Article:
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Math professor wins landmark crypto ruling

A three-judge panel affirms an earlier decision that U.S. export limits on encryption are unconstitutional.

U.S. export limits on encryption are unconstitutional, the Ninth Circuit Court of Appeals ruled in a precedent-setting decision today.

In a 2-to-1 vote, a federal panel affirmed U.S. District Judge Marilyn Patel's 1997 landmark ruling in Daniel Bernstein vs. the Justice Department. That decision states that software source code is a language, and therefore the export controls violate the University of Illinois math professor's First Amendment right.

Bernstein had wanted to post crypto code on his Web site as part of an international course he teaches, but was blocked by a Clinton administration policy regulating software cryptotography as falling within the interests of national security.

Today's loss for the government is no doubt a blow to the administration's policy. Legal experts say the ruling is a huge endorsement for online privacy and essentially applies to anyone who wants to post crypto source code--without a license--from within the Ninth Circuit. Although the opinion doesn't apply to off-the-shelf products, companies such as Network Associates, which is based in California, could get regulatory relief, because its Pretty Good Privacy source code is freely available around the world.

"We hold that the challenged regulations constitute a prior restraint on speech that offends the First Amendment," states the Ninth Circuit majority opinion by Judge Betty Fletcher. "As a result, Bernstein and other scientists have been effectively chilled from engaging in valuable scientific expression."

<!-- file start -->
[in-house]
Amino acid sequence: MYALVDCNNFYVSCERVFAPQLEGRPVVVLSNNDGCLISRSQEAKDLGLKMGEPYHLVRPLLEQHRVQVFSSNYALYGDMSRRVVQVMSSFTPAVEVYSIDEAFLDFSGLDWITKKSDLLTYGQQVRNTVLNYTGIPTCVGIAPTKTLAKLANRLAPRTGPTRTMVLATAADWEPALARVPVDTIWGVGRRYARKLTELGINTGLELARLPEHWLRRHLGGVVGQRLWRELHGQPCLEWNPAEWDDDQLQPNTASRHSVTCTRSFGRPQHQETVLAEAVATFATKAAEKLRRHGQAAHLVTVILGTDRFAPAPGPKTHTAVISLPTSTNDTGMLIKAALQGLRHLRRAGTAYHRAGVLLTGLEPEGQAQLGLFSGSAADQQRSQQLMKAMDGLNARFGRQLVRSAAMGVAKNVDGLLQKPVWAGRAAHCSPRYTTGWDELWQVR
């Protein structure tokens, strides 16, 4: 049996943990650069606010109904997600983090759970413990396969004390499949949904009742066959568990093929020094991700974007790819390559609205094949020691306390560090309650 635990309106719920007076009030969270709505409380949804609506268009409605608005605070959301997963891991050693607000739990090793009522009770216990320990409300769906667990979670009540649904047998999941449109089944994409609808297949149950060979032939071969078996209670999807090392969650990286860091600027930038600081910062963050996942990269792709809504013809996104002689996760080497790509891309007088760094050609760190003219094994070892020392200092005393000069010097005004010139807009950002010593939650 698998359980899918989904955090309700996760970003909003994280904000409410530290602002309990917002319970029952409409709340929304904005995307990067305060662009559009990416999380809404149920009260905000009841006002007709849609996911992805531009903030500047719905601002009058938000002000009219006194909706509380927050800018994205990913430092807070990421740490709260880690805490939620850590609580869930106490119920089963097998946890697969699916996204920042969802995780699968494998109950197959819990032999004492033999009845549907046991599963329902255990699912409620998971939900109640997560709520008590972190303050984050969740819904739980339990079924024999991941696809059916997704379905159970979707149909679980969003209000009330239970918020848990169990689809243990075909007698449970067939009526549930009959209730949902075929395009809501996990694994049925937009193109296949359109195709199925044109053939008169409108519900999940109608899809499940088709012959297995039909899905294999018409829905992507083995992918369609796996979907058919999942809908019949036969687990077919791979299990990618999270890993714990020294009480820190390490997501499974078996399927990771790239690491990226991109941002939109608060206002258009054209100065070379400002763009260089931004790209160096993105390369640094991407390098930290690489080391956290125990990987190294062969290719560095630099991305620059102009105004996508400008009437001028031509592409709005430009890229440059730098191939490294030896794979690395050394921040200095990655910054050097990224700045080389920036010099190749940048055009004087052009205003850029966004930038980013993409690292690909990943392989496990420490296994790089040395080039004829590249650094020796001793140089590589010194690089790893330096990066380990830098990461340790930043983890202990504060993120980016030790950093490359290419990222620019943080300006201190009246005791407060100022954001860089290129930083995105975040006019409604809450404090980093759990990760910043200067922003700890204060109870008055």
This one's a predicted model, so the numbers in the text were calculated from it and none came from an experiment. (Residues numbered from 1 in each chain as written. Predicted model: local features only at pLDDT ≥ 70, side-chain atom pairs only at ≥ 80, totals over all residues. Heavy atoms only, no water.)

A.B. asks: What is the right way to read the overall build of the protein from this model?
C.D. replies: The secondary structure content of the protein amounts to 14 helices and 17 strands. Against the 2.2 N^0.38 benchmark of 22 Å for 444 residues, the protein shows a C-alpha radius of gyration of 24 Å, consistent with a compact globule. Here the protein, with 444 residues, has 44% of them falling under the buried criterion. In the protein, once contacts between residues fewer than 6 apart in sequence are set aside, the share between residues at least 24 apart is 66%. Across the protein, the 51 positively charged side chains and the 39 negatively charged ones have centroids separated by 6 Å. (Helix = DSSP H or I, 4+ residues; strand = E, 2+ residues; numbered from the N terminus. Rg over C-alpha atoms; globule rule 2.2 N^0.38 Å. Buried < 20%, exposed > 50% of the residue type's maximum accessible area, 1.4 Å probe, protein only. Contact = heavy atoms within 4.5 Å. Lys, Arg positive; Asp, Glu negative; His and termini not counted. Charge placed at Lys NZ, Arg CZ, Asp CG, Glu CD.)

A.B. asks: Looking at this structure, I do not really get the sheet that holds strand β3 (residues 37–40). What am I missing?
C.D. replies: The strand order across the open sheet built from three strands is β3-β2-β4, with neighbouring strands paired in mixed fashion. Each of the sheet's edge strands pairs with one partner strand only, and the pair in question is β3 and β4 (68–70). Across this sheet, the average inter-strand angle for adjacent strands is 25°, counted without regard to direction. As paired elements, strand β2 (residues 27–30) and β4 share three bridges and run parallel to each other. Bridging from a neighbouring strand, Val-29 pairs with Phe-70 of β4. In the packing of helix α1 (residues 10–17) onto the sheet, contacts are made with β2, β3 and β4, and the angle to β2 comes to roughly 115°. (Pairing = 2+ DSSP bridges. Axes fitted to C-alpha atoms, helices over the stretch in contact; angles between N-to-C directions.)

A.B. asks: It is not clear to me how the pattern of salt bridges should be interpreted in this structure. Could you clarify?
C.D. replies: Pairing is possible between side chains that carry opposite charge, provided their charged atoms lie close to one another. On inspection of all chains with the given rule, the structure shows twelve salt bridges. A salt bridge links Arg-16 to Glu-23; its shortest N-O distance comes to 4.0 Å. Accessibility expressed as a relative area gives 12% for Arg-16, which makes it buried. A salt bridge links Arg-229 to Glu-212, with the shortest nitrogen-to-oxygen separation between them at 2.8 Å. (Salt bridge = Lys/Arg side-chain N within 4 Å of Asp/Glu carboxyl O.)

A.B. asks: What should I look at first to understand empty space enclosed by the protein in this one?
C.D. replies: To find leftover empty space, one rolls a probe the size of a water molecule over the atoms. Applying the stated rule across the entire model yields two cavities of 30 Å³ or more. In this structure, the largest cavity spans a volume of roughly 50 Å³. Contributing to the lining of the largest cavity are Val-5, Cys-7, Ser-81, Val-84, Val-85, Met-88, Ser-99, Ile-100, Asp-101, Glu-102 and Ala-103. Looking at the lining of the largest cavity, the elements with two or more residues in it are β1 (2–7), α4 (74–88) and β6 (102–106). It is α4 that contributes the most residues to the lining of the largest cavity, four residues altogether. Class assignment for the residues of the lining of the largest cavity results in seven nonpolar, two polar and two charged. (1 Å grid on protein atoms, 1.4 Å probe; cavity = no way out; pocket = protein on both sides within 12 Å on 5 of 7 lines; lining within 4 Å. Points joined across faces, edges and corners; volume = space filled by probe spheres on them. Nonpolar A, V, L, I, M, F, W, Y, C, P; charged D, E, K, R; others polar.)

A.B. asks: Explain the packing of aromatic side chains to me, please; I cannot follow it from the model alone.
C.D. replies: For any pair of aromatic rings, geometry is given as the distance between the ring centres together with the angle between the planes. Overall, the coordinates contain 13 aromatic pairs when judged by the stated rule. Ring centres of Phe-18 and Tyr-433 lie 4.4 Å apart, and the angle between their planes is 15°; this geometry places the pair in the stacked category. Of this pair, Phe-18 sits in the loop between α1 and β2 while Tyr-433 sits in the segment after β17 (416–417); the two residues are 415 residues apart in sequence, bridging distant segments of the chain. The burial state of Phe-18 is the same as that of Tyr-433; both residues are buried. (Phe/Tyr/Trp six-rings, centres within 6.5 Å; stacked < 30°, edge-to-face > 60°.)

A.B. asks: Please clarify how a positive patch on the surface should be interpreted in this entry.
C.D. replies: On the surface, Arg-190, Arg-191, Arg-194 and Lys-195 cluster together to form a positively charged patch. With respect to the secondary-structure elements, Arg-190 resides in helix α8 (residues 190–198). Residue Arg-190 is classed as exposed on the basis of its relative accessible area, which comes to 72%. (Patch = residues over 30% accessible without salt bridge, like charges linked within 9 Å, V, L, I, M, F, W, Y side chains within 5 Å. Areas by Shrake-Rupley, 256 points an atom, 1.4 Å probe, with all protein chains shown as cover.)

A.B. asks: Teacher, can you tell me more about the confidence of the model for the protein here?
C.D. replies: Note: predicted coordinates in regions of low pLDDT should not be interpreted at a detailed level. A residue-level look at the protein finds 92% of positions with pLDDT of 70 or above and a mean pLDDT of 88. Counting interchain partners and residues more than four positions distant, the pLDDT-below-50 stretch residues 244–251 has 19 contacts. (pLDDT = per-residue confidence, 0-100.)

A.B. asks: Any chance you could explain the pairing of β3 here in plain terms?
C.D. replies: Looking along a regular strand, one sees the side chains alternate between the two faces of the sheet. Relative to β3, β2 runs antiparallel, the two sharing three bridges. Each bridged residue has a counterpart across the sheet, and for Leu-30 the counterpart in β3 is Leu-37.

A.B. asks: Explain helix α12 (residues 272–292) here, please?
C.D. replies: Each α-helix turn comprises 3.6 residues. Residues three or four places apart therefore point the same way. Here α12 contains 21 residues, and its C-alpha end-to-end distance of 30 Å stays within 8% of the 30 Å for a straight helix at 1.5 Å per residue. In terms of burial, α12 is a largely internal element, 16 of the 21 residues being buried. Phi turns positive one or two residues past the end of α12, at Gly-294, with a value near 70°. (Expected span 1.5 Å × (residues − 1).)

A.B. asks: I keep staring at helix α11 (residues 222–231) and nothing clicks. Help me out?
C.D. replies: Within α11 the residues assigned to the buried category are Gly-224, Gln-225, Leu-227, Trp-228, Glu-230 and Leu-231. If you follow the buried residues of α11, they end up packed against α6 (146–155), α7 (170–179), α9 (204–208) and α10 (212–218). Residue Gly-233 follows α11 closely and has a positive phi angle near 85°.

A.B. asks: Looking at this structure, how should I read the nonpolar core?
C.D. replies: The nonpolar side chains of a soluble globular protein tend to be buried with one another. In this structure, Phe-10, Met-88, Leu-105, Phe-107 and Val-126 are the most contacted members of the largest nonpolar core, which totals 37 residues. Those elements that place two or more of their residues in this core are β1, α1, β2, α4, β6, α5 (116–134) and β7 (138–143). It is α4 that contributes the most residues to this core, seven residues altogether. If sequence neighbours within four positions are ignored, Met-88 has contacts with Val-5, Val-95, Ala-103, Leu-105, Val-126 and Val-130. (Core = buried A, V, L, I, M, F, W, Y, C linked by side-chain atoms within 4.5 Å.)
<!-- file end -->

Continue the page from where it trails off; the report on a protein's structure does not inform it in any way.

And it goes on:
When Bernstein sued the government in early 1995, the Clinton administration regulated encryption as a potential weapon, requiring an export license to ship products. The State Department had classified Bernstein's encryption program, dubbed Snuffle, as munitions and said he needed a license to "export" the code via his Web site. This position didn't change even when the Commerce Department began administering the regulations in December 1996.

"We find that the export administration regulations operate as a prepublication licensing scheme that burdens scientific expression, vest boundless discretion in government officials, and lack adequate procedural safeguards," Fletcher wrote in the ruling.

The Justice Department is expected to appeal the ruling to the Supreme Court, in which case the Appeals Court ruling could be stayed. Nonetheless, Bernstein's legal team is celebrating its victory.

"The decision declares that the regulations are unconstitutional, period," said Bernstein's lead attorney, Cindy Cohn.

"As a practical matter, the government is not enjoined from applying its regulations--except to Bernstein. But we're one step closer to doing away with the regulations," she added. "The ruling shows that Justice saw the real reason we are fighting this--this case is about whether you and me and everyone has access to the tools to protect our privacy or not."

Crypto's contentious history
Encryption export limits have been at the center of a contentious debate for years.